preach to church members, rather
involves them in setting goals
"Beloved, I pray that in all respects you may prosper and be in good
health, just as your soul prospers." (3 John 1:2)
Dr. Sara Wilcox of the Arnold School’s Department of Exercise Science
is engaging a group of AME churches in eastern and central South
Carolina to promote physical activity and healthy eating among
If the five-year program is successful, the church will encourage use
of it by all of the denomination's 476,000 members in the state.
Wilcox said the program, titled "Faith, Activity, and Nutrition
(FAN)," also involves scientists at Clemson University and the Medical
University of South Carolina.
Wilcox is principal investigator; co-investigators include Marilyn
Laken (MUSC), Allen W. Parrott (AME church), Marge Condrasky (Clemson),
Ruth Saunders (USC), Cheryl Addy (USC), Marsha Dowda (USC), and Rebecca
Evans (AME Church).
Wilcox has worked on similar research involving the AME Church and
the new program will build on that relationship.
She describes FAN as a faith-based effort that gives church leaders
an opportunity to do some self-assessment of their churches and "select
things they can do to help members eat healthier and be more physically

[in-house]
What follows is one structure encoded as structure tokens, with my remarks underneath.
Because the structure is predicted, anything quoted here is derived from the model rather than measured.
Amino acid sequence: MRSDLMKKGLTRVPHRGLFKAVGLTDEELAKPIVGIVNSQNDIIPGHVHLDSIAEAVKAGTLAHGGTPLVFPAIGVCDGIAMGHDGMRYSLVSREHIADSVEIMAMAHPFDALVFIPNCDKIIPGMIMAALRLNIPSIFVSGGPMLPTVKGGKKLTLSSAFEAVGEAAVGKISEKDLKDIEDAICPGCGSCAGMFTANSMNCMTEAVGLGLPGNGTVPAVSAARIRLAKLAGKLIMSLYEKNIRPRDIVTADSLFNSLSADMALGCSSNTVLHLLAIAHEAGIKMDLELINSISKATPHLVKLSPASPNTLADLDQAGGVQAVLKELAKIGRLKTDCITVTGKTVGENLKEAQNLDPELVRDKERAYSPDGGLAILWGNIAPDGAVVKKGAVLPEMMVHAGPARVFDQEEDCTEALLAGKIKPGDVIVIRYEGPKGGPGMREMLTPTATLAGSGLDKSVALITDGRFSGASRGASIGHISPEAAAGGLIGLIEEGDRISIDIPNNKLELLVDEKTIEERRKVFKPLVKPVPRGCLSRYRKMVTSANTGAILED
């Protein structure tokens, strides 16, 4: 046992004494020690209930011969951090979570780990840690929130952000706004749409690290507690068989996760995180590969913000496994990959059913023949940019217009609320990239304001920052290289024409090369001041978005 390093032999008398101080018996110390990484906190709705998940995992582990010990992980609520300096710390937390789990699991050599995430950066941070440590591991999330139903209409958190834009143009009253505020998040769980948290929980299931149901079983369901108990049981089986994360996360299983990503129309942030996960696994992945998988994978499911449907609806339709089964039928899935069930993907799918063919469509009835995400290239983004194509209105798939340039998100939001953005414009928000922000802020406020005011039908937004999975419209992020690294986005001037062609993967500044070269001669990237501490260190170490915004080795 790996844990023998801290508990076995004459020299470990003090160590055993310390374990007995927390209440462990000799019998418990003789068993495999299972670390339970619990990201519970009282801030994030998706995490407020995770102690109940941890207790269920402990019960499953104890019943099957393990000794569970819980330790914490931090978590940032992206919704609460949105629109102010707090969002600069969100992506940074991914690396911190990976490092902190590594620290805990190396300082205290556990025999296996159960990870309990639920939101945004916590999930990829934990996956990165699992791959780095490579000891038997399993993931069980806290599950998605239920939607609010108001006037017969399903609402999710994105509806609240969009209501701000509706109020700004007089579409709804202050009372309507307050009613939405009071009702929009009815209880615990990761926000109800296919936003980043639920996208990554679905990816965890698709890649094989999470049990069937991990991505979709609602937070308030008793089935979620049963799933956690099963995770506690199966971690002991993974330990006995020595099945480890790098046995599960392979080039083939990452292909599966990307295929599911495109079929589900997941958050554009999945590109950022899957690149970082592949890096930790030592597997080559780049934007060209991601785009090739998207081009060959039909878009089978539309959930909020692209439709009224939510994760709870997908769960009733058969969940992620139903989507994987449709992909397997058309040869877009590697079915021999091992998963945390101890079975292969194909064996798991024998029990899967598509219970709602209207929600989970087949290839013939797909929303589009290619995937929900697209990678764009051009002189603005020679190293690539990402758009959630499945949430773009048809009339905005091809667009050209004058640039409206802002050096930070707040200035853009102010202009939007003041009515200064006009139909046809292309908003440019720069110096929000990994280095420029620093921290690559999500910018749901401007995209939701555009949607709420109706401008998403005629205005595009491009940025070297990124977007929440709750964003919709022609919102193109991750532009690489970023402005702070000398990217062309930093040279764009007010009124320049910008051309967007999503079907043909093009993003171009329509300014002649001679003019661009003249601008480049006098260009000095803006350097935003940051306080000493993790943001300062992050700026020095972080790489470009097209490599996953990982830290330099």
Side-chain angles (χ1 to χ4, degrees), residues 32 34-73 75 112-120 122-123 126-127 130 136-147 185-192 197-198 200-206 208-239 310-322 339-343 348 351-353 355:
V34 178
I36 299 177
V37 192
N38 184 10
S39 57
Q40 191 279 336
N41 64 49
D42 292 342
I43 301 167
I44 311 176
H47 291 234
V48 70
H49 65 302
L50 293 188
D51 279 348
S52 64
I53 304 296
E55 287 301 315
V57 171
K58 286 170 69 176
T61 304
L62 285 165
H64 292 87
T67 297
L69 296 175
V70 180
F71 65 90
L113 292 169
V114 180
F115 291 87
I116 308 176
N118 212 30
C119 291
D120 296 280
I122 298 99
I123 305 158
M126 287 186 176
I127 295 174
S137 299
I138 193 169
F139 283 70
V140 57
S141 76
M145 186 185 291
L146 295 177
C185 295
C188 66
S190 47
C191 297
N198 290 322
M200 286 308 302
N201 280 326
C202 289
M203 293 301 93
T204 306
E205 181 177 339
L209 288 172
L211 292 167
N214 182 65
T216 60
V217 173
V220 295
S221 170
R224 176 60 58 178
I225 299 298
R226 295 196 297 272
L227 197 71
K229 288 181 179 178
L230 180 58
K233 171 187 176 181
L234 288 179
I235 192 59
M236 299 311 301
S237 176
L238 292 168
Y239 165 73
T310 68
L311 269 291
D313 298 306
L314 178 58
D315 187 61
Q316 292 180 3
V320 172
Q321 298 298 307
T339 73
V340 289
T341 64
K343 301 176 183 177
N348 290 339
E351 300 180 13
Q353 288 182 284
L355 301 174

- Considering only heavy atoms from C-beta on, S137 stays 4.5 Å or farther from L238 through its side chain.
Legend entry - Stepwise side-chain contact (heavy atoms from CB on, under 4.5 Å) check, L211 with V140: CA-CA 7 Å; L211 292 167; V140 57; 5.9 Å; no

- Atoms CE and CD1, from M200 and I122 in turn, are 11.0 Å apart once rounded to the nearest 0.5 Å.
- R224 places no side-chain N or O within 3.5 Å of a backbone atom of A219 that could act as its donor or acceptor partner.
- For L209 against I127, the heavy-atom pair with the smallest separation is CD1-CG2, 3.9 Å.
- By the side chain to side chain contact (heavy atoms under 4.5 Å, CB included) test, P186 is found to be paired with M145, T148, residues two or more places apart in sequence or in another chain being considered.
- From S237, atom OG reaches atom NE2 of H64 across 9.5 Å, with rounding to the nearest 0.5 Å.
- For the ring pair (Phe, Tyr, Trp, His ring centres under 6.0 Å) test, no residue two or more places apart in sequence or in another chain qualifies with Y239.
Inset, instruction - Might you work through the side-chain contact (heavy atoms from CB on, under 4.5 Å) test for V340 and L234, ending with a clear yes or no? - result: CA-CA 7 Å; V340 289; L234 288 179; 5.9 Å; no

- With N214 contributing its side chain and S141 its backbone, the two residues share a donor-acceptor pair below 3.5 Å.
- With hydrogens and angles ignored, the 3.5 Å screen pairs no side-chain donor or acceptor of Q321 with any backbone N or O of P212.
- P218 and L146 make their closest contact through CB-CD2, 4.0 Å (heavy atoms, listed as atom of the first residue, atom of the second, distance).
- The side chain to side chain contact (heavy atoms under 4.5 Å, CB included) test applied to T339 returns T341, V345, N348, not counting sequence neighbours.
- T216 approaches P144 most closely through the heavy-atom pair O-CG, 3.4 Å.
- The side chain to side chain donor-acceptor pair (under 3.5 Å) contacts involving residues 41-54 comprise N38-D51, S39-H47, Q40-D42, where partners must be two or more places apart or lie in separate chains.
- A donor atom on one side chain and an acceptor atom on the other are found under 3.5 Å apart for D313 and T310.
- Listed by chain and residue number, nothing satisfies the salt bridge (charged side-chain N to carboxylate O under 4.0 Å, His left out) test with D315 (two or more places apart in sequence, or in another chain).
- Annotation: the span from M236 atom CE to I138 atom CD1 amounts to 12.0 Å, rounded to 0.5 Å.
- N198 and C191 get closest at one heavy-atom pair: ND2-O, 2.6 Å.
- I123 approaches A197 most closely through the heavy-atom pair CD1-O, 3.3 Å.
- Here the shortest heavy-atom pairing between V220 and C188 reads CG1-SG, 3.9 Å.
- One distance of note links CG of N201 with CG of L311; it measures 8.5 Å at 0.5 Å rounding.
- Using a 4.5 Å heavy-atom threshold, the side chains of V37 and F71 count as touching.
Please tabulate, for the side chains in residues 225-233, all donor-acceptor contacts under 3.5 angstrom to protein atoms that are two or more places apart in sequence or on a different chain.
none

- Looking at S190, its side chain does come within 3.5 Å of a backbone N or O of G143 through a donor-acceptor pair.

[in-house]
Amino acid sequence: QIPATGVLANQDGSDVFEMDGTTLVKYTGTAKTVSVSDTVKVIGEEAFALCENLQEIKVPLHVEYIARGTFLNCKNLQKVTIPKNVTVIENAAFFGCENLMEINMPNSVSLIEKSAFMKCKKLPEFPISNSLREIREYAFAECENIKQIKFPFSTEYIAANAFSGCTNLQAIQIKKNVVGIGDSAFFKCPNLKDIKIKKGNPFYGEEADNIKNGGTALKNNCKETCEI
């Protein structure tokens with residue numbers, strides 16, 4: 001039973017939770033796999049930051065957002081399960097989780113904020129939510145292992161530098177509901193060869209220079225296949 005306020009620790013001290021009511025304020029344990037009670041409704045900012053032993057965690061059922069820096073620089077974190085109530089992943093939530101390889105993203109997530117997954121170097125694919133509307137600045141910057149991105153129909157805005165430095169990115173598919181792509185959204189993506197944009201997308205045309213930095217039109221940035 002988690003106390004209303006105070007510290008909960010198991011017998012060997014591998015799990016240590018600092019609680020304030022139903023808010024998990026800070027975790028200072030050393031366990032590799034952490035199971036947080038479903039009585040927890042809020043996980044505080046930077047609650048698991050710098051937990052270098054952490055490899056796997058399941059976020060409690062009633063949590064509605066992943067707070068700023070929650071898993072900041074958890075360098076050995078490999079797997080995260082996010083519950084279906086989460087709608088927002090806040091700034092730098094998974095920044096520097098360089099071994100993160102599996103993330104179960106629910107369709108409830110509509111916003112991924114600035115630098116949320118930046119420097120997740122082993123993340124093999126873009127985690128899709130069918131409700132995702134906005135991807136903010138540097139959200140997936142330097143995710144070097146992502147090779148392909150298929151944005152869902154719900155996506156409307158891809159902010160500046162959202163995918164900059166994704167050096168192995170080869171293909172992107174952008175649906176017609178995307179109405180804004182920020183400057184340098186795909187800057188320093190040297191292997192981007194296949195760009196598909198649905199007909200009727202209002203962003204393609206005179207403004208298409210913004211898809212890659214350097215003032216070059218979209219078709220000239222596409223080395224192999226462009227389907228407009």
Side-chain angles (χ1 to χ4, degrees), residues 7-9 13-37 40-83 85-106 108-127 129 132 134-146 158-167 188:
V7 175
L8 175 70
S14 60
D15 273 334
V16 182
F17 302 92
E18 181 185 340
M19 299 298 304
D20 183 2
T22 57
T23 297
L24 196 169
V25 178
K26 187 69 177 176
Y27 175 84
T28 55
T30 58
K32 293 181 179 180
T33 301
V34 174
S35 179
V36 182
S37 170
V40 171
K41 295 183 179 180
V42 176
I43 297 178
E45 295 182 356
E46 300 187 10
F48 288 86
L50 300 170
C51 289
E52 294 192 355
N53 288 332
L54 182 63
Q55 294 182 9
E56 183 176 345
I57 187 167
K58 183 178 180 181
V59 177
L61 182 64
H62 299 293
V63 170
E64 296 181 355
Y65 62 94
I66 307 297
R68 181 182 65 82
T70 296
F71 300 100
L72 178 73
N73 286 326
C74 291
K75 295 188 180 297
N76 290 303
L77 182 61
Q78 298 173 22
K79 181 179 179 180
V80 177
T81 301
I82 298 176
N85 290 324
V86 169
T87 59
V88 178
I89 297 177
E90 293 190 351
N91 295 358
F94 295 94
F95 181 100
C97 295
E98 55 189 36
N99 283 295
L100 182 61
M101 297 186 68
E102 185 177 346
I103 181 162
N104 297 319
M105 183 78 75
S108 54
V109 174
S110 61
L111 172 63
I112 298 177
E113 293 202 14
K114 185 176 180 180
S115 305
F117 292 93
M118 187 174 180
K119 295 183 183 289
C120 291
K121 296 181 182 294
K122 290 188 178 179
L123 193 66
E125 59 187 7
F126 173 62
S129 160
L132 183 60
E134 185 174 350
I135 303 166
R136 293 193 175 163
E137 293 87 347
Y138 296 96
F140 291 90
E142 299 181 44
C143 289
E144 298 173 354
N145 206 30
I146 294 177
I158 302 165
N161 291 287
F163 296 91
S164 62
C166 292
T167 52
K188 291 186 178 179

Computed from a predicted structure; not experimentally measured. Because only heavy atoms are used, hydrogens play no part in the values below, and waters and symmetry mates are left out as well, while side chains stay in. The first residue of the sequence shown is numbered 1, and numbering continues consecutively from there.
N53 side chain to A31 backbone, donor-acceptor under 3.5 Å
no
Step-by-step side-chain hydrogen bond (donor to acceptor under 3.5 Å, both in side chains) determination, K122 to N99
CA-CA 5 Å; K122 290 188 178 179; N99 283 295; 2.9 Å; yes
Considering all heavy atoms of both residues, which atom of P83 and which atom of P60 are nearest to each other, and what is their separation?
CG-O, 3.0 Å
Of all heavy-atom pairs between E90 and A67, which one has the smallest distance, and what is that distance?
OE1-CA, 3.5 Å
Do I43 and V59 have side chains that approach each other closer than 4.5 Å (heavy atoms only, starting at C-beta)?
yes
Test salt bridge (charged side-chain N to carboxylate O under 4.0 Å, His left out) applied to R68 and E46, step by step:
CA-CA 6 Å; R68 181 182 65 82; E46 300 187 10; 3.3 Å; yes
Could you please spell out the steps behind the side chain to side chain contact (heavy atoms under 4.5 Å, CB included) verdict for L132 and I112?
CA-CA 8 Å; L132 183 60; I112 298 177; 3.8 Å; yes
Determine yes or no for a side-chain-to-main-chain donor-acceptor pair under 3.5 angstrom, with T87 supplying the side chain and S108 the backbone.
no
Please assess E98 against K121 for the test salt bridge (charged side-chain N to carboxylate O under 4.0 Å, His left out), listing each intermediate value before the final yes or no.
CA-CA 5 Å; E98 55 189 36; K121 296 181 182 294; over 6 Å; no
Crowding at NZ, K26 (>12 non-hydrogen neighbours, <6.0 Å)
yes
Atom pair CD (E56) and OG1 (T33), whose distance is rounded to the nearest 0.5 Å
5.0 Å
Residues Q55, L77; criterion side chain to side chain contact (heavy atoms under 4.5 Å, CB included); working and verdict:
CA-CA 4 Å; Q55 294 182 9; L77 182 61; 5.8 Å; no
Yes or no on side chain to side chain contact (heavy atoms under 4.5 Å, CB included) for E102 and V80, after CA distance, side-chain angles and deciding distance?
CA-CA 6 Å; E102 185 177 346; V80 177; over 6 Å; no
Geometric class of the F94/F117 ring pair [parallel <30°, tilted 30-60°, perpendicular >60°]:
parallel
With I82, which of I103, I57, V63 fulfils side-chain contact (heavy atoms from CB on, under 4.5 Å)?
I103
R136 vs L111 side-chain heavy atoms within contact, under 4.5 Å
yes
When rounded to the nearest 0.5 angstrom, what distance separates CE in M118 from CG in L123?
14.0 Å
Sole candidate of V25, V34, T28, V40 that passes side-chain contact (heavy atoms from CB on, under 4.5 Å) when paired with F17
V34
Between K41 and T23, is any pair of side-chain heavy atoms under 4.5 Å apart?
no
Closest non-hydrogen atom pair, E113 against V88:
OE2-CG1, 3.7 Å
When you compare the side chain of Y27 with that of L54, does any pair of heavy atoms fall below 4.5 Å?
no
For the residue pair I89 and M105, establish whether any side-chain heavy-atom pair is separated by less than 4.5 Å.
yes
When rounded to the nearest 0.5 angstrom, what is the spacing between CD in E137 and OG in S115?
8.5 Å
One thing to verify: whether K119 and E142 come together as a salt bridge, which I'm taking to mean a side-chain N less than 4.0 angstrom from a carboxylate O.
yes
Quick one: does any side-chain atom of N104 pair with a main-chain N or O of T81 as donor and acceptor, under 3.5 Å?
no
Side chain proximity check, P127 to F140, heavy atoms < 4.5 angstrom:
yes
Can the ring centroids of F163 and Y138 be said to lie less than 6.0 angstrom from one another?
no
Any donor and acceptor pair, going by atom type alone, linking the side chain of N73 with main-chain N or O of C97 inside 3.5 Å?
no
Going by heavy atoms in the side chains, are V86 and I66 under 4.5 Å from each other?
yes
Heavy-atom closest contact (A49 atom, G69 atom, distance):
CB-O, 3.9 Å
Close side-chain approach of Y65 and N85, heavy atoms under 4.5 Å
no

The study also uses a community-based participatory research approach
that engaged church members in the design of the program from the start.
The study will initially involve 60 churches and 1,600 members. The
study has begun in the Kingstree and Georgetown areas with churches that
belong to the Palmetto Conference, the largest subdivision of the state
church with approximately 50,000 local members. The program will also
begin in Columbia area in the next several months.
The effort is culturally and spiritually sensitive and aimed at
helping church leaders incorporate health living guidelines and
practices into church activities.
One example, Wilcox says, is that churches may decide that fresh
fruits and vegetables be on the menu at any church activity that
Wilcox said the AME Church and other African-American denominations
have undertaken new responsibilities for the health of their members
because of their unique role in the black community.
The reasons for that include the wide health disparities in the black
community along with an increasing need for guidance in helping people
The National Heart, Lung and Blood Institute, an arm of the National
Institutes of Health, is funding the research.
For more information on the program, visit the program website at